Evidence-based practices have been gaining ground since the formal introduction of evidence-based medicine in 1992 and have spread to the allied health professions, education, and other fields.
Many educators continue asking for research reports for
everything. Daniel Kahneman in his book –Thinking fast and slow - said, ‘We
are far too willing to believe research findings based on inadequate evidence
and prone to collect too few observations in our own research.' LINK.
Once a researcher says something everyone jumps on the bandwagon and repeats what he says without the slightest bit of thought. This is exactly what happened about 45 years ago when one researcher said that it was Phonological Awareness Deficit (PAD) that was the cause of dyslexia. More than a hundred so-called educators repeated what he had said.
I disagreed with the above theory and explained why it cannot be PAD which is the cause of dyslexia. Timothy Shanahan said that there were no research reports to support what I said.
Common sense will tell that if a kid can read in Malay and Hanyu Pinyin but not in English then the cause of that kid being unable to read in English cannot be because of phonological awareness deficit.
Does everything we write need research reports and evidence? Why can't we think about it logically and figure out if it makes sense?
Let us examine the following tweets and then see if there are research reports for what the Tweeter asked?
The following is what a mother wrote on Twitter:
Alanna Maurin: (23.12.2020)
He (Alanna’s son) had stomach aches going to school.
He cried when I got the tricky words out to practice.
I have spent two weeks just getting him happy to read some words from picture books (like hop on pop) with me and to do some writing from a Kumon writing book.
Alanna Maurin: (26.12.2020)
After just two lessons he is now asking me to help him read words from packages, from his games and he now sounds t p b l f d correctly every time. (The 2 lessons are the lessons from my blog)
Alanna Maurin Dec 28, 2020 Replying to @PamelaSnow2@DTWillingham and @EdinspireGeoff
My son had a year of structured synthetic phonics via a scripted program and he struggles to blend. He said puh instead of p, buh instead of b tuh instead of t. A week of correcting this and he is beginning to read fluently. Are there any studies on this?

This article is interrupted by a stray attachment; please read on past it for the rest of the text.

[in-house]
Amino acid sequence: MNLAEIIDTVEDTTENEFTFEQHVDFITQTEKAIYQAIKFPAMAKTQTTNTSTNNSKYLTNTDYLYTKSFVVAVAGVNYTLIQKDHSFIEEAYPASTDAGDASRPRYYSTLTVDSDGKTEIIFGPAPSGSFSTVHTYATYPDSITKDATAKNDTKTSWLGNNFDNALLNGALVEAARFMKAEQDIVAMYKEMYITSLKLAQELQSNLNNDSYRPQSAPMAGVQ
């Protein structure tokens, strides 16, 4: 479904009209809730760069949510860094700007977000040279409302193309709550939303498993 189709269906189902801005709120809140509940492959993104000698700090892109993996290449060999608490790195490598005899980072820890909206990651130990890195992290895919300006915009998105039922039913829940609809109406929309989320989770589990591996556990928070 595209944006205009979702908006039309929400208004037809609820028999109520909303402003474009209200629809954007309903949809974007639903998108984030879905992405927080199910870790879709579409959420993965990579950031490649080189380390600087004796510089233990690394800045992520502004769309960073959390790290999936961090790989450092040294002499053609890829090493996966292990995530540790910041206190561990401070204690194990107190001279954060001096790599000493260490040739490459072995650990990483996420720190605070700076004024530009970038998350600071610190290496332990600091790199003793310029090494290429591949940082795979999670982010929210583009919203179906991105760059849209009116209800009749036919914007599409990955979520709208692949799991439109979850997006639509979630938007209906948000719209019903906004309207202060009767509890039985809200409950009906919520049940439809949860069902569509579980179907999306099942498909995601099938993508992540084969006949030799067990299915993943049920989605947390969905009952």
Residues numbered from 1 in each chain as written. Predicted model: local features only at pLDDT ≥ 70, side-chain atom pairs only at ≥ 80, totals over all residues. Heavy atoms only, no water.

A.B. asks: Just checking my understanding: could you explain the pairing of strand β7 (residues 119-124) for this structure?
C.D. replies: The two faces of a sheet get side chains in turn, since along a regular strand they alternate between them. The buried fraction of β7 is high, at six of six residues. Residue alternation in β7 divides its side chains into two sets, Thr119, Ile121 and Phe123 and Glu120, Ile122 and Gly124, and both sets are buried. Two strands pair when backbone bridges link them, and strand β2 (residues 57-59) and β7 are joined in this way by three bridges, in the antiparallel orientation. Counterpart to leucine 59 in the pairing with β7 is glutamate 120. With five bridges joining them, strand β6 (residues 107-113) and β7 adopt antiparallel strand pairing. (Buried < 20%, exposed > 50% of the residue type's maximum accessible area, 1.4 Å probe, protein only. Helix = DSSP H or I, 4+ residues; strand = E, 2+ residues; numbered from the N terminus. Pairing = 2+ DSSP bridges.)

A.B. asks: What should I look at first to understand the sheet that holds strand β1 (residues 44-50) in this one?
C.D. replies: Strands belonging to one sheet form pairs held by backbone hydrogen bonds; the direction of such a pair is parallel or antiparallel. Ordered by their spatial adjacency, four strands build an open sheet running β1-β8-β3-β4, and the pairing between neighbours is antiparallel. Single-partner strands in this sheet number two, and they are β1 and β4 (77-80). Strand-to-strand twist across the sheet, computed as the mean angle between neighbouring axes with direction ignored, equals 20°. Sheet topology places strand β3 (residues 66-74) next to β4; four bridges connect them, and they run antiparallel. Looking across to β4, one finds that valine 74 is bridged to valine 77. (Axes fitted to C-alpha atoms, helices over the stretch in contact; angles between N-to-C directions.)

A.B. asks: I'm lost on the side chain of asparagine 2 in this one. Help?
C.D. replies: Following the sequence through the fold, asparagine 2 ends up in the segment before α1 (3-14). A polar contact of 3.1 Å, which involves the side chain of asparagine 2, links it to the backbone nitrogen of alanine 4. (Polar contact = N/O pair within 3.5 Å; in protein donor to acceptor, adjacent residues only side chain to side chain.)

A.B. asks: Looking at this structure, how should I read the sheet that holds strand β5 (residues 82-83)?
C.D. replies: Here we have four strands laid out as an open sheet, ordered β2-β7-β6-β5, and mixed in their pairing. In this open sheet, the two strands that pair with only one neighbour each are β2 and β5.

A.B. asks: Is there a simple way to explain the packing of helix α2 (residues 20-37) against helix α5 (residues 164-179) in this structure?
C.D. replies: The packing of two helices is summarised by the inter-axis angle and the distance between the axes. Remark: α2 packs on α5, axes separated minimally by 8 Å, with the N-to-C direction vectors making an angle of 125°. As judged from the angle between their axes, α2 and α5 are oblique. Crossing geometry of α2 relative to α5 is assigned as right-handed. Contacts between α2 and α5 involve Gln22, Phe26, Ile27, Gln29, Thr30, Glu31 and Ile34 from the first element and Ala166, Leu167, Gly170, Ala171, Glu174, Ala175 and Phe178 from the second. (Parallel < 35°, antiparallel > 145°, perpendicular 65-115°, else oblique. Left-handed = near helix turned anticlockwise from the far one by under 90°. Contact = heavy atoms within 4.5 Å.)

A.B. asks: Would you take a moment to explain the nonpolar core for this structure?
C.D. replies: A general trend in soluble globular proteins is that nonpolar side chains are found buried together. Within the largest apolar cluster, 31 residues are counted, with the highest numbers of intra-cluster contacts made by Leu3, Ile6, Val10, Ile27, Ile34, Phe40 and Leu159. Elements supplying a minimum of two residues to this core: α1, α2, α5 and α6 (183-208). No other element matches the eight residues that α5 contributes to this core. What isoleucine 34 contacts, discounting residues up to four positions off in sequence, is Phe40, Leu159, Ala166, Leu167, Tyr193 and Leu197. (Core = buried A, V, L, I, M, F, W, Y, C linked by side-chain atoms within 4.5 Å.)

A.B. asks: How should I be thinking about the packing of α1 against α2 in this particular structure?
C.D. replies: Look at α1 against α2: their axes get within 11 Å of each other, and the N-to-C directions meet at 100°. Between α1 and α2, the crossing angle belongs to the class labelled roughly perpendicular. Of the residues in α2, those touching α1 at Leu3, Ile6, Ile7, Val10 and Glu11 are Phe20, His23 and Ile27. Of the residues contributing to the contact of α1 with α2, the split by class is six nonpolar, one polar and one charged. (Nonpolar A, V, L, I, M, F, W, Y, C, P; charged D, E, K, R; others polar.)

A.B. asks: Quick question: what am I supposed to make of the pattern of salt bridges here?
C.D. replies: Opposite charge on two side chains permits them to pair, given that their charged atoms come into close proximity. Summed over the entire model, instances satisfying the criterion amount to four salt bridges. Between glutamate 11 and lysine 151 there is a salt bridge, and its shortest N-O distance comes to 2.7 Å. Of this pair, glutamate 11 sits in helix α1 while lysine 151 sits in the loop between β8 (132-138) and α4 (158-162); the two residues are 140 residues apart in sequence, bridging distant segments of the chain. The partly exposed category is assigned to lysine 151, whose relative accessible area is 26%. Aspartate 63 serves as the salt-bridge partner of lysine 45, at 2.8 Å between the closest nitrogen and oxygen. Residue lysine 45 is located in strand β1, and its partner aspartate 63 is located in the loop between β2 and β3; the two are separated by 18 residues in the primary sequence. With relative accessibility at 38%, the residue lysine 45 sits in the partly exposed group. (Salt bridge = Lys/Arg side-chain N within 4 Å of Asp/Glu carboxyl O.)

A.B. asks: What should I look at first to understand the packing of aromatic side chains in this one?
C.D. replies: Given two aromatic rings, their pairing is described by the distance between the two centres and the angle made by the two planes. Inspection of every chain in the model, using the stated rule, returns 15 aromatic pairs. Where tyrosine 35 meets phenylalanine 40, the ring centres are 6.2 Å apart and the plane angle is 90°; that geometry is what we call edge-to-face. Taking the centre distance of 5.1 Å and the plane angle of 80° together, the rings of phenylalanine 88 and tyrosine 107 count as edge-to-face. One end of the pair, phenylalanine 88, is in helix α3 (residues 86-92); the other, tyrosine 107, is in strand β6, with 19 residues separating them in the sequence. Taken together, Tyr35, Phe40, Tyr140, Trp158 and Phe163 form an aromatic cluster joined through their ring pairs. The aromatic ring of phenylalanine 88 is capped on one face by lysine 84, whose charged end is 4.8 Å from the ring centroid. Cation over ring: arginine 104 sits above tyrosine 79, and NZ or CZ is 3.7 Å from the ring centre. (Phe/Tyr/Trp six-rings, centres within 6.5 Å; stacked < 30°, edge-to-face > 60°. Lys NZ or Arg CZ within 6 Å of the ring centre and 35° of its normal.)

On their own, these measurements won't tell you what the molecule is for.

Why has there been no response to the question ‘if there are
any studies on this’? Where are the research reports to answer Alanna’s
question? How is it that Pamela Snow2 had no answer? She is one of those 'know it all' who blocked me. She said that she is not one of my on-call response service. LINK.
Why did Alanna’s son suddenly become interested in reading and asked her to help him read words from packages and his games? What had changed?
The following is what a Facebook friend wrote on Facebook recently:
'They' hate the audacity of the common man to want to think for himself and not to stupidly accept what is dished out for him. (Kandiah Namasivayam)
It’s called “tribal mentality”.
It is a method that the tribe uses to control the behavior of others in the tribe who do not follow tribal norms.
Educators keep saying that it is not the teaching of sounds represented by letters wrongly that is a problem with kids disengaging from learning to read. Read my post here for details.
Then tell me, where is the research report to explain why many smart kids are unable to read?
Where is the research report to explain why almost all kids
are able to read after a short period of intervention?
Where is the research report to support Nancy Hennessy who asked why children whose brains are not wired any different way, have reading difficulty?